Tomorrow marks the two-year anniversary of the earthquake and resulting tsunami that devastated northeastern Japan, wiping out whole towns and thousands of lives in just minutes. The Japanese resolutely began rebuilding immediately after this natural tragedy of biblical proportions, and although the personal losses will never be forgotten, the material damage has largely been repaired. The exception, of course, is the Fukushima Daiichi nuclear power plant and surrounding vicinity.
The totally unexpected magnitude of the radiation leaks from the Fukushima nuclear accident, the largest since Chernobyl, has dealt a strong blow to an industry that was poised for resurgence as the best alternative to the fossil-fuel derived energy that is changing the weather of the planet. But unless there is a serious global commitment to developing truly clean alternatives, how long will it be before governments begin jumping back on the nuclear bandwagon?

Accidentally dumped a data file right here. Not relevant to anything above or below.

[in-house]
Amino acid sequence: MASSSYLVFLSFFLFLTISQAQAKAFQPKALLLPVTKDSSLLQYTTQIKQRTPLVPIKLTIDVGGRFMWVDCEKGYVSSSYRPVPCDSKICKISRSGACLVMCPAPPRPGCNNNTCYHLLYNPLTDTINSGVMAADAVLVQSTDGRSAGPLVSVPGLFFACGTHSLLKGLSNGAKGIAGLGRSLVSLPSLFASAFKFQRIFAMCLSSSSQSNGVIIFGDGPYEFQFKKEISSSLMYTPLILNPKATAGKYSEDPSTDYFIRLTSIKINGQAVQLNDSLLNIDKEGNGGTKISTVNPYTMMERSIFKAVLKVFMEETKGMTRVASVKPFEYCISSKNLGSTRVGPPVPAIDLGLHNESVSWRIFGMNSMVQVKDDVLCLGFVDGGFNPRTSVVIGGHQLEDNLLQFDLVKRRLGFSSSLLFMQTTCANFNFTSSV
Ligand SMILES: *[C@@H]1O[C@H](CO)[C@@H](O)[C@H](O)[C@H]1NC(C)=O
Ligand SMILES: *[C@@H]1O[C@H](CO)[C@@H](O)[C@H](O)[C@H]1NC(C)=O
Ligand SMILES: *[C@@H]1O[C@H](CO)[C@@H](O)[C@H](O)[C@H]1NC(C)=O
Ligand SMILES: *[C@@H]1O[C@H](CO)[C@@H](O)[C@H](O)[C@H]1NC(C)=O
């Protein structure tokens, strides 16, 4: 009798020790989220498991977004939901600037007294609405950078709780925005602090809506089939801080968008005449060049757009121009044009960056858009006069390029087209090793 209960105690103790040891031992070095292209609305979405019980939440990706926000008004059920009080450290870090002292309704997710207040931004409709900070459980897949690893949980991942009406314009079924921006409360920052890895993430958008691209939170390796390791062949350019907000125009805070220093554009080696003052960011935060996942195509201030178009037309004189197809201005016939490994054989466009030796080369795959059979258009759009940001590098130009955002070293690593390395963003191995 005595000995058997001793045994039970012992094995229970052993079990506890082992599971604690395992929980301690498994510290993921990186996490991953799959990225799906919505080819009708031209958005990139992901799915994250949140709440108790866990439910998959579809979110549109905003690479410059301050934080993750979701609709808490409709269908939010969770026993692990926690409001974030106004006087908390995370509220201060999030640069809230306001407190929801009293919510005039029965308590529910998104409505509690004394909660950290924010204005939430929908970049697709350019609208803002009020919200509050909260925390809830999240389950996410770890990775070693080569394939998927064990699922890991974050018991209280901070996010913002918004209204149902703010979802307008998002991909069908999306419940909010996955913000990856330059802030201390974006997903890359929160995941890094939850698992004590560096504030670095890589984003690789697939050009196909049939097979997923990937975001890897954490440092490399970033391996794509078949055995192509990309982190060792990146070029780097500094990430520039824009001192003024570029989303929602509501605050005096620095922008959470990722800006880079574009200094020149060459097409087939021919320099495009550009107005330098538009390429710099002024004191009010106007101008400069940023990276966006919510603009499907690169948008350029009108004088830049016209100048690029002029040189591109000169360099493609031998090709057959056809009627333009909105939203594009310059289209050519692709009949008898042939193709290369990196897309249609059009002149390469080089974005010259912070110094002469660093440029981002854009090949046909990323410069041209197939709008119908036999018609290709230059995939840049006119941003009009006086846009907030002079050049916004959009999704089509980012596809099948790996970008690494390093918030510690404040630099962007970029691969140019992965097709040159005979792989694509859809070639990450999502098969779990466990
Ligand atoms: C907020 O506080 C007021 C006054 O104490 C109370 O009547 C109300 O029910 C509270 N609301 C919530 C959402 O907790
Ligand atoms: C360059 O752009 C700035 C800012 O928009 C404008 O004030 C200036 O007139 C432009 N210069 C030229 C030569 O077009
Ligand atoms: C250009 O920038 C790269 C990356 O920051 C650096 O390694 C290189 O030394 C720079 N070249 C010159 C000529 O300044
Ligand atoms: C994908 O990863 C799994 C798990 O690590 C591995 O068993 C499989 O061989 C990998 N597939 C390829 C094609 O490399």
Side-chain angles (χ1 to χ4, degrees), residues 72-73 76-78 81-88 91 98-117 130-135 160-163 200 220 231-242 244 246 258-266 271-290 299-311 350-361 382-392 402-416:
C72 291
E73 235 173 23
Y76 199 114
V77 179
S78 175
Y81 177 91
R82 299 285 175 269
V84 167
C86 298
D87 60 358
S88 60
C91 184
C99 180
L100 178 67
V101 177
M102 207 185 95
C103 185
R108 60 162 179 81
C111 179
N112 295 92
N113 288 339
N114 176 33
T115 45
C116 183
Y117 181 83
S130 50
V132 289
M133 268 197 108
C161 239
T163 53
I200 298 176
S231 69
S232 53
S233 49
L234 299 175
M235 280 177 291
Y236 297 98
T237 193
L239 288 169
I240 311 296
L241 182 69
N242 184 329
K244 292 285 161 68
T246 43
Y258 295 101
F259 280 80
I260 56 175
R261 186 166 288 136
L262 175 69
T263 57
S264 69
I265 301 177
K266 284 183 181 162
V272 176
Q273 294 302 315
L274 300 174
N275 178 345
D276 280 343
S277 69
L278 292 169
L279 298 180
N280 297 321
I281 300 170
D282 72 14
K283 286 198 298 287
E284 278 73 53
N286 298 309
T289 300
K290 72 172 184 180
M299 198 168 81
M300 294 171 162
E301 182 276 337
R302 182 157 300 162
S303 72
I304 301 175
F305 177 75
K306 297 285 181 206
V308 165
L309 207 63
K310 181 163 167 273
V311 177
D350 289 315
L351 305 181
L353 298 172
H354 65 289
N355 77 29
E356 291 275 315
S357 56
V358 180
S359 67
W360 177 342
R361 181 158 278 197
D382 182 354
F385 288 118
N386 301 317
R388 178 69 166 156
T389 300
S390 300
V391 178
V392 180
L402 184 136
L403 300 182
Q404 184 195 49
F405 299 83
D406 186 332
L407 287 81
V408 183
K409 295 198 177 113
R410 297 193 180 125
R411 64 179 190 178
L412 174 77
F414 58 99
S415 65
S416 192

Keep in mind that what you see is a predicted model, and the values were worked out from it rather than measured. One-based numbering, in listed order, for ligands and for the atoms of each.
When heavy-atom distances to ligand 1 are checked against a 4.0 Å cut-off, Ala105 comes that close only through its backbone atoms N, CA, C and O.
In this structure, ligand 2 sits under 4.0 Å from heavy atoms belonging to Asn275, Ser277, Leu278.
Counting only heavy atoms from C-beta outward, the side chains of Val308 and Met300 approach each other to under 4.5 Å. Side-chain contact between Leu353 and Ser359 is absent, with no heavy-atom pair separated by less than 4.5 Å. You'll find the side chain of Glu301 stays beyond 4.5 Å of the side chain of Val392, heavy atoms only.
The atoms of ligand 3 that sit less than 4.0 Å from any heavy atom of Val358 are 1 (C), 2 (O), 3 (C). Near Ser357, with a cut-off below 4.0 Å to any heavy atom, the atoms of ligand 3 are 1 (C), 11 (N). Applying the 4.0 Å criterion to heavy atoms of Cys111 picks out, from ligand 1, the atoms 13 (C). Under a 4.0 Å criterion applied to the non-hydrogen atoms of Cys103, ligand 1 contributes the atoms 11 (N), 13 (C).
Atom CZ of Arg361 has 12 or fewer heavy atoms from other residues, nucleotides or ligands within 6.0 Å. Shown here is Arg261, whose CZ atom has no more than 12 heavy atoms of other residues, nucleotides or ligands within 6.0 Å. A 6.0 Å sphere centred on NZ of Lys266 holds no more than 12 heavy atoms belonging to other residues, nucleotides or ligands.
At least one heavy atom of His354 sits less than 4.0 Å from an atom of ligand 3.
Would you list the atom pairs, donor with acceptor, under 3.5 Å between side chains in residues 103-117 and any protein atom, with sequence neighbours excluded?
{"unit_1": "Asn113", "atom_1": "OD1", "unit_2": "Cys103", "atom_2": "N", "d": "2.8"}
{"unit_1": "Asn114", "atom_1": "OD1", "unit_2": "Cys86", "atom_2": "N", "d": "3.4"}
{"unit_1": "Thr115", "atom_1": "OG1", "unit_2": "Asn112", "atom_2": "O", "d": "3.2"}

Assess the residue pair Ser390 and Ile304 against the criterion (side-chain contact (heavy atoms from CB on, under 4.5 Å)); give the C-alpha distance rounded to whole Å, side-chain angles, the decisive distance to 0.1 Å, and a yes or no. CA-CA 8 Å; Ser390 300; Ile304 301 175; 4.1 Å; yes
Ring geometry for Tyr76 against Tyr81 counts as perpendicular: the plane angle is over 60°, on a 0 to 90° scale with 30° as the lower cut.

As reported in several articles ahead of the fateful anniversary, including a report in today's Spectrum, progress in the clean-up, decontamination and decommissioning of the reactors knocked out by the tsunami has been taking baby steps. The process will continue for 40 years at a minimum and cost trillions of baht, and it is anyone's guess when, if ever, the surrounding area will be habitable again. And the risks from contamination are not confined to the general area. The biggest concern is that radioactive substances are leaching into the sea, where they will be dispersed around the world and be concentrated in the food chain. Back in December 2011 the Fukushima Daiichi operator, Tokyo Electric Power Company (Tepco) said it was running out of space to store contaminated water and was considering dumping it into the sea. This brought howls of protest from local fishermen and environmental groups worldwide and the plan was apparently shelved. Yet levels of contaminated water continue to rise and the problem of storing it will only get worse. Now, Fukushima Daiichi's operator is building a wall going down instead of up to keep contaminated groundwater from entering the ocean.